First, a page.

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7 Examples of Gaslighting

Gaslighting is the sustained and strategic use of misinformation to attempt to cause someone to doubt their memory, perceptions or sanity. This is considered unethical, manipulative and abnormal. The term gaslighting is very commonly misused to apply to minor insults, criticism, sidelining and disagreements. For example, it is common for people to accuse the other side in an argument of gaslighting when there is some disagreement regarding interpretation of facts. This is not a valid use of the term. The following are illustrative examples of actual gaslighting.

Denying Perception

Causing an individual to doubt their perceptions by providing them with misinformation. The origin of the term gaslighting is a 1938 British play entitled Gas Light wherein a husband manipulates his wife with misinformation. Famously, he slowly dims the gas lights in their home while pretending that the lighting level is the same. When she responds to the low light he reacts as if dealing with someone who is delusional and hysterical.

Denying Facts

Denial of concrete facts in a bizarre way intended to target an individual's sense of reality. For example, a friend who denies that a vacation to Germany together ever happened.


Staging strange events and then pretending they never happened. For example, saying something bizarre to someone and then pretending you never said it.

Setting Up To Fail

Planting misinformation in order to have someone else perceived as hysterical and delusional. For example, telling a coworker that you have certain information that suggests they are about to be fired and then denying you ever said this later.


Pathologizing is the process of labeling things as psychologically abnormal. This may be used to reinforce gaslighting whereby a manipulative person uses concepts from popular psychology to question the sanity of the target. For example, suggesting that their behavior in response to gaslighting is a classic symptom of a disorder.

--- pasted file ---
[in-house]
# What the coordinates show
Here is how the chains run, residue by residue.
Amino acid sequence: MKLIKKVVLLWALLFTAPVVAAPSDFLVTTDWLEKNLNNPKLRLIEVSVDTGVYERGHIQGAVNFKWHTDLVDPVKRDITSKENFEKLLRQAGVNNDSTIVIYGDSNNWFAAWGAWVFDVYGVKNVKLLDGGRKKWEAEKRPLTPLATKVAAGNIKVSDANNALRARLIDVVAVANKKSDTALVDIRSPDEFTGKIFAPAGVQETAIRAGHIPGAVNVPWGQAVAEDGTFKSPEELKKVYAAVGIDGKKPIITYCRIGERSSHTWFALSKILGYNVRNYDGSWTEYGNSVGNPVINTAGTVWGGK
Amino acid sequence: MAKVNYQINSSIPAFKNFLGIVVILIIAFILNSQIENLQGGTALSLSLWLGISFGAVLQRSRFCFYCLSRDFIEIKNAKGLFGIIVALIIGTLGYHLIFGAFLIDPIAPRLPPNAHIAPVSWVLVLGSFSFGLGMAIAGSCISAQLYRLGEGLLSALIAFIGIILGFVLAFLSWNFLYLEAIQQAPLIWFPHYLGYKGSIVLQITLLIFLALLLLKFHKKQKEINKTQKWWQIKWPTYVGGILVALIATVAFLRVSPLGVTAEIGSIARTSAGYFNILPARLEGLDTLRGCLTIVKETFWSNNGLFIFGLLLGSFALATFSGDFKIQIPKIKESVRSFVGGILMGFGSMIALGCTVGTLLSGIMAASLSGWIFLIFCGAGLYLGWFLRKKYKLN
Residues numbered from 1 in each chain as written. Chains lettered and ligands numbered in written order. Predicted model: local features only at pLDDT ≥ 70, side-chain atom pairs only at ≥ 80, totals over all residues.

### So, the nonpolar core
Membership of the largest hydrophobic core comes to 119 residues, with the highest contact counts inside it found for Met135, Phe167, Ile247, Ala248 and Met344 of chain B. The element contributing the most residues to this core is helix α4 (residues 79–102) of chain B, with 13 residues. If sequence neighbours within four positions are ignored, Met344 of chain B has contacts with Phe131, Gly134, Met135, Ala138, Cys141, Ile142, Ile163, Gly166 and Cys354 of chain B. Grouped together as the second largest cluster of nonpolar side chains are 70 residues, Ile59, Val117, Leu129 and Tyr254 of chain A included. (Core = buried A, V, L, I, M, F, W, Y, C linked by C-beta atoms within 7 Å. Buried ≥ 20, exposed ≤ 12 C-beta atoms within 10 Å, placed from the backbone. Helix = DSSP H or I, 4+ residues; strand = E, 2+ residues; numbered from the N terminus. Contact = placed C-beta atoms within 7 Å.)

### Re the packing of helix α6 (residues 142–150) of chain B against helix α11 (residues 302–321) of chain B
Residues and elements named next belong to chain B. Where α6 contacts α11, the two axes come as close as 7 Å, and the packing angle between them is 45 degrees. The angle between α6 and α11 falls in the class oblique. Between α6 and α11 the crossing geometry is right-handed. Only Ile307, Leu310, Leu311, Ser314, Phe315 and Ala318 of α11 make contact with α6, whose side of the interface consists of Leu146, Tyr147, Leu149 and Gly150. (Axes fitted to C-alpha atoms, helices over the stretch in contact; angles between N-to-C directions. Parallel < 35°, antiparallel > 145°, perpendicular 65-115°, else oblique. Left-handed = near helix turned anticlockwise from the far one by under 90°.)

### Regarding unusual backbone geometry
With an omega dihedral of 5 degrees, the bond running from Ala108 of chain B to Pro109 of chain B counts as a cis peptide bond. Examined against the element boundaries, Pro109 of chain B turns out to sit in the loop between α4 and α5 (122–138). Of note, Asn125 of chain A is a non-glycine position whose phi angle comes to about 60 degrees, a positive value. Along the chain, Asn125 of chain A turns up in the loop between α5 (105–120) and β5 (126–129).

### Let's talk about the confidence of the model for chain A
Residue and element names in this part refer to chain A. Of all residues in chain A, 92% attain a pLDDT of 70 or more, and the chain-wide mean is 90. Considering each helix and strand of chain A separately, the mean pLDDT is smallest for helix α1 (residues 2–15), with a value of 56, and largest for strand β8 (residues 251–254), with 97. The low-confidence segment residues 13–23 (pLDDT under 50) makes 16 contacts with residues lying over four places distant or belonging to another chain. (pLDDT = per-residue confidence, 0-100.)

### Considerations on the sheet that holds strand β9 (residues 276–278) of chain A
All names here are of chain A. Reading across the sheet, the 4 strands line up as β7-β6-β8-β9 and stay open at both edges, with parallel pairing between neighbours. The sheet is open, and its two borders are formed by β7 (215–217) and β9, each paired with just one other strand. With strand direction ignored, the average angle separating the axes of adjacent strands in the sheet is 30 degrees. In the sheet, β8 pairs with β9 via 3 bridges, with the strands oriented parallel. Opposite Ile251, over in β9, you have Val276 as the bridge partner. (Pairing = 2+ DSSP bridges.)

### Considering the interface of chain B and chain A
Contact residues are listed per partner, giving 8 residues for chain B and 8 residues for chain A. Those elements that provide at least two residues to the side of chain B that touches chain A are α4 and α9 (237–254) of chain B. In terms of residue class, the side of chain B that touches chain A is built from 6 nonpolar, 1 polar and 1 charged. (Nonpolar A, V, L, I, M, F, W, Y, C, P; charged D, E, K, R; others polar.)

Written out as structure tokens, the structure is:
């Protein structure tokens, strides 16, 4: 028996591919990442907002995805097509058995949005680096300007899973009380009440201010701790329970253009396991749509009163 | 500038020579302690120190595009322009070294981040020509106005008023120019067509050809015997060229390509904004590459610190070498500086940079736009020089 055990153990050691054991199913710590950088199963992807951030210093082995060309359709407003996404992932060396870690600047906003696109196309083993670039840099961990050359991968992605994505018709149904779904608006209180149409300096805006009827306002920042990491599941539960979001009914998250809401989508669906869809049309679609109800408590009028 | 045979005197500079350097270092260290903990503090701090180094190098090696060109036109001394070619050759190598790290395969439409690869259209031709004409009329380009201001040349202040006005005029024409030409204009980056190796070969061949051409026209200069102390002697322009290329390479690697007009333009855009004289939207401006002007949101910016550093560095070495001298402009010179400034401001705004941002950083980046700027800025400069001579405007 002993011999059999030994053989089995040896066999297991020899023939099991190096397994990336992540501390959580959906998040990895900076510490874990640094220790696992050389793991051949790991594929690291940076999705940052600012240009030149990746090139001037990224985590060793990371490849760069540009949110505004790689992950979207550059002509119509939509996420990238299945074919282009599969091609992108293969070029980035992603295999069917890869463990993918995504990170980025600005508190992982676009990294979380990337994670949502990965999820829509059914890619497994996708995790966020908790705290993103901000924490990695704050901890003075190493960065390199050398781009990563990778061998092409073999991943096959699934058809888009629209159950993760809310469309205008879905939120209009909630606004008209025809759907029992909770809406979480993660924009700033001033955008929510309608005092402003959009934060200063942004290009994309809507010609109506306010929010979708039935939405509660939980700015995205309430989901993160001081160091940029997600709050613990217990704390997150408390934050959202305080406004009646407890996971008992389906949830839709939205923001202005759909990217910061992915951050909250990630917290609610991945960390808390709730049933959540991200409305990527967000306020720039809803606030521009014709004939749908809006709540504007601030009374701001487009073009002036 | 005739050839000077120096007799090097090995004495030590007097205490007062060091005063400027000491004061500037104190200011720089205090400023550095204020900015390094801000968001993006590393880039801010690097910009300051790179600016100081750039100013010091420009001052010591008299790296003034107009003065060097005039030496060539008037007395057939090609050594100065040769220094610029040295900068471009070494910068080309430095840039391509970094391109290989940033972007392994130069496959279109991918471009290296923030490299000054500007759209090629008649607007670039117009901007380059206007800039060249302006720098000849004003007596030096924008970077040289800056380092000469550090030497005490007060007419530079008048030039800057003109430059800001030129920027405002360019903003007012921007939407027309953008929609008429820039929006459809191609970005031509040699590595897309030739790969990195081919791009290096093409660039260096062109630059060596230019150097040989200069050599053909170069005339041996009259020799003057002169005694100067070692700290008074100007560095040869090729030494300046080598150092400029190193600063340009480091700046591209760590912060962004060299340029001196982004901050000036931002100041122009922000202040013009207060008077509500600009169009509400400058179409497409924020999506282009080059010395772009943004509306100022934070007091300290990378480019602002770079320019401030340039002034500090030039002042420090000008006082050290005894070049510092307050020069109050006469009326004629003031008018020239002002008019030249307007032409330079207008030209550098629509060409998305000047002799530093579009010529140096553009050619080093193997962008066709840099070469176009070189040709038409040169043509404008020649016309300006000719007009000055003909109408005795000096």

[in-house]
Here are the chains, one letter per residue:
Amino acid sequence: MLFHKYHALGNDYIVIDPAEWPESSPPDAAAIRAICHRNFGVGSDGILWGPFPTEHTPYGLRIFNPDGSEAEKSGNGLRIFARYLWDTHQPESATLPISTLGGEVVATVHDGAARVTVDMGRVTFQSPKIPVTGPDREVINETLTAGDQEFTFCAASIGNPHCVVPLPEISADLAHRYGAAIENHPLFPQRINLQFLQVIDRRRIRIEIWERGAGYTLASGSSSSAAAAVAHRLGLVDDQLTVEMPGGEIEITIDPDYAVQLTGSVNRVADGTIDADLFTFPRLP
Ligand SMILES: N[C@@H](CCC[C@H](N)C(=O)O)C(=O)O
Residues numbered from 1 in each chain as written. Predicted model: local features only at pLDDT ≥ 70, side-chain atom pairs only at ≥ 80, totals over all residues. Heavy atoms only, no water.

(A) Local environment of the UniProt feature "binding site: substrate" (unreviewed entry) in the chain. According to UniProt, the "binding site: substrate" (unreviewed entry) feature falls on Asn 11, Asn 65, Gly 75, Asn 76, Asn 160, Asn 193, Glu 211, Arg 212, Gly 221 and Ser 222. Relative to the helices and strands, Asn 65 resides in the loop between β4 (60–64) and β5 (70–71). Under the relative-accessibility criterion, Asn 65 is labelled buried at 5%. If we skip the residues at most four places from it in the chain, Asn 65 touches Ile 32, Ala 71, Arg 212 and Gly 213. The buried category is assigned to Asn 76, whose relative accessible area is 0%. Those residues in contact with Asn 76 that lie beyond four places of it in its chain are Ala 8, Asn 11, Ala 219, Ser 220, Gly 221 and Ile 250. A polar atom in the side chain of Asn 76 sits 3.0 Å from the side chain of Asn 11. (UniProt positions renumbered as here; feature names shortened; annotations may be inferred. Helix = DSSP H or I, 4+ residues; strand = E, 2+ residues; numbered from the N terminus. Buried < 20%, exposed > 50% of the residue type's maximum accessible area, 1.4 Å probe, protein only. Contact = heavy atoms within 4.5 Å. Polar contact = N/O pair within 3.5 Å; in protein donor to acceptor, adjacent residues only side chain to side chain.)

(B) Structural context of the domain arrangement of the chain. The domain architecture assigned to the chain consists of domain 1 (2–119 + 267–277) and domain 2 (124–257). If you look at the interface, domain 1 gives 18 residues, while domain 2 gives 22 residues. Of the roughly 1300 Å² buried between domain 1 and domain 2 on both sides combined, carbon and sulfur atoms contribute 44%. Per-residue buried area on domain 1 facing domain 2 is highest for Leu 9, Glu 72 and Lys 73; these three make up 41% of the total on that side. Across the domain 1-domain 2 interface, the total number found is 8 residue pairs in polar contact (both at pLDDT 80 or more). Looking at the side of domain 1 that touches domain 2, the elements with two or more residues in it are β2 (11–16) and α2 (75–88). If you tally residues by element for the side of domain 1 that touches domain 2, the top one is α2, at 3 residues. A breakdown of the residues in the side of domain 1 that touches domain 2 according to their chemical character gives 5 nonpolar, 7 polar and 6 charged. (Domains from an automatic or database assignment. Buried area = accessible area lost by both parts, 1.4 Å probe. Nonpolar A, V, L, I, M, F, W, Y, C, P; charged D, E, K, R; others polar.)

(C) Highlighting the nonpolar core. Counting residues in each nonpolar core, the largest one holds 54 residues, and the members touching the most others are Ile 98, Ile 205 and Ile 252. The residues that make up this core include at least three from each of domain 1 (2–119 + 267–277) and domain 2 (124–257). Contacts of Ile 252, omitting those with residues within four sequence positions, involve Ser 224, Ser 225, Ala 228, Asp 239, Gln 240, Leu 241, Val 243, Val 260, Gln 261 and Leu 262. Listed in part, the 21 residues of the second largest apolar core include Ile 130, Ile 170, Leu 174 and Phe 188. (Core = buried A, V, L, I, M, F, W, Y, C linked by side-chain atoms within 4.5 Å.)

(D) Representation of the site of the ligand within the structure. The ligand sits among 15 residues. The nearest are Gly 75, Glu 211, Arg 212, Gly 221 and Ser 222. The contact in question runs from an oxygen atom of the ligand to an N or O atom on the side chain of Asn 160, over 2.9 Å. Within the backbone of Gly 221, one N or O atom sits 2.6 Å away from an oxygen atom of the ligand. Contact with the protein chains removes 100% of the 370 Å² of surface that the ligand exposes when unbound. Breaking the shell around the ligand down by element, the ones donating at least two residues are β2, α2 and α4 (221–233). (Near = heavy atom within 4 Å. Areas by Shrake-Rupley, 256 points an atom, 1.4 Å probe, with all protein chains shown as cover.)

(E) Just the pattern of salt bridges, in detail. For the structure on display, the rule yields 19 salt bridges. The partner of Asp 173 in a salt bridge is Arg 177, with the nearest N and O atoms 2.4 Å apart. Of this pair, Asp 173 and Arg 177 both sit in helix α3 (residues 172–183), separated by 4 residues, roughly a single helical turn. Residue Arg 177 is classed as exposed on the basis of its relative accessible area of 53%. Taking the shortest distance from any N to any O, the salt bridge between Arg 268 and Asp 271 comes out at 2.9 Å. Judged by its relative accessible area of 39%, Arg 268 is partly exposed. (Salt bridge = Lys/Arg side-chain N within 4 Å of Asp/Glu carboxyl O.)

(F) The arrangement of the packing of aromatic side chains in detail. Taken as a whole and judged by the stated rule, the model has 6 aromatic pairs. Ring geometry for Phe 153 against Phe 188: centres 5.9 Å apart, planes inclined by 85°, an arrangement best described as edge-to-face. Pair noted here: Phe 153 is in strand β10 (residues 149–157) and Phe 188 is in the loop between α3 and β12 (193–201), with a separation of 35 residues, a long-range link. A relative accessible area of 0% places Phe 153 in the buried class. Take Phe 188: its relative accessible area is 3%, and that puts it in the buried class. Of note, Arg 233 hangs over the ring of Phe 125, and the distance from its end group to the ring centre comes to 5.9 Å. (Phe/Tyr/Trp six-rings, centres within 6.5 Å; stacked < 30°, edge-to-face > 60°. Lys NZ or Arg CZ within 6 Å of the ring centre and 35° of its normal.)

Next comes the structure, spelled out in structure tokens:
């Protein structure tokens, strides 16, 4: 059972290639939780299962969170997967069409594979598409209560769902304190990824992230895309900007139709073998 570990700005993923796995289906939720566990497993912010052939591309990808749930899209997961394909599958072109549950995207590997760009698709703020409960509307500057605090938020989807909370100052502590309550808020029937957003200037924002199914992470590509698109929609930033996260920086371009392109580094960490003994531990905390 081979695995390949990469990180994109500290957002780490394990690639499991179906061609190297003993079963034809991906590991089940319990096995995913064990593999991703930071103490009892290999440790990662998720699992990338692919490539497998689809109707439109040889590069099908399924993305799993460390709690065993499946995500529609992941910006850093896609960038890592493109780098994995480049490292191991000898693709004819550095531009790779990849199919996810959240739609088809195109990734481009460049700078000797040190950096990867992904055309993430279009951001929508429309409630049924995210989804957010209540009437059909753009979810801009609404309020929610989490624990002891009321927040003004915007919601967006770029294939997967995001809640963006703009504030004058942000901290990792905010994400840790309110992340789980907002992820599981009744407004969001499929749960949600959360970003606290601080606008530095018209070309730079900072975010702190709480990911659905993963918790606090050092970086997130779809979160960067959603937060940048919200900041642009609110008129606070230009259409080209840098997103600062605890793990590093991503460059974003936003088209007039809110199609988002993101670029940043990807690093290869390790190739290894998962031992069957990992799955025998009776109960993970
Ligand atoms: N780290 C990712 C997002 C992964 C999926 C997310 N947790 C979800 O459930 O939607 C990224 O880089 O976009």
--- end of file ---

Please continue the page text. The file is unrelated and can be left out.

Illusory Truth Effect

The illusory truth effect is the tendency for people to believe something they have heard repeated many times, even if it isn't at all true. For example, a parent who tells a child they aren't good at something many times until they believe it. This is terribly damaging.

Learned Helplessness

Gaslighting may be intended to establish dominance over someone whereby they learn not to trust their own memory, cognitive abilities or sanity such that they begin to depend on the manipulator.


The overuse of the word gaslighting to describe a wide range of situations, including simple disagreements, is perhaps characteristic of the loss of nuance in the English language whereby people more often use the most dramatic word they can find such that their vocabulary becomes small and blunt.
Not all misinformation is gaslighting. Gaslighting is based on intent to make someone feel mentally unbalanced. For example, an individual who incorrectly denies they said something in the past isn't necessarily gaslighting, they may simply not want to defend their past statements such that lying is a quick way out.
Overview: Gaslighting
The sustained and strategic use of misinformation to attempt to cause someone to doubt their memory, perceptions or sanity.
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Dorpat, Theodore L. Gaslighthing, the Double Whammy, Interrogation and Other Methods of Covert Control in Psychotherapy and Analysis. Jason Aronson, Incorporated, 1996.
Abramson, Kate. "Turning up the lights on gaslighting." Philosophical perspectives 28 (2014): 1-30.
Sweet, Paige L. "The sociology of gaslighting." American Sociological Review 84.5 (2019): 851-875.


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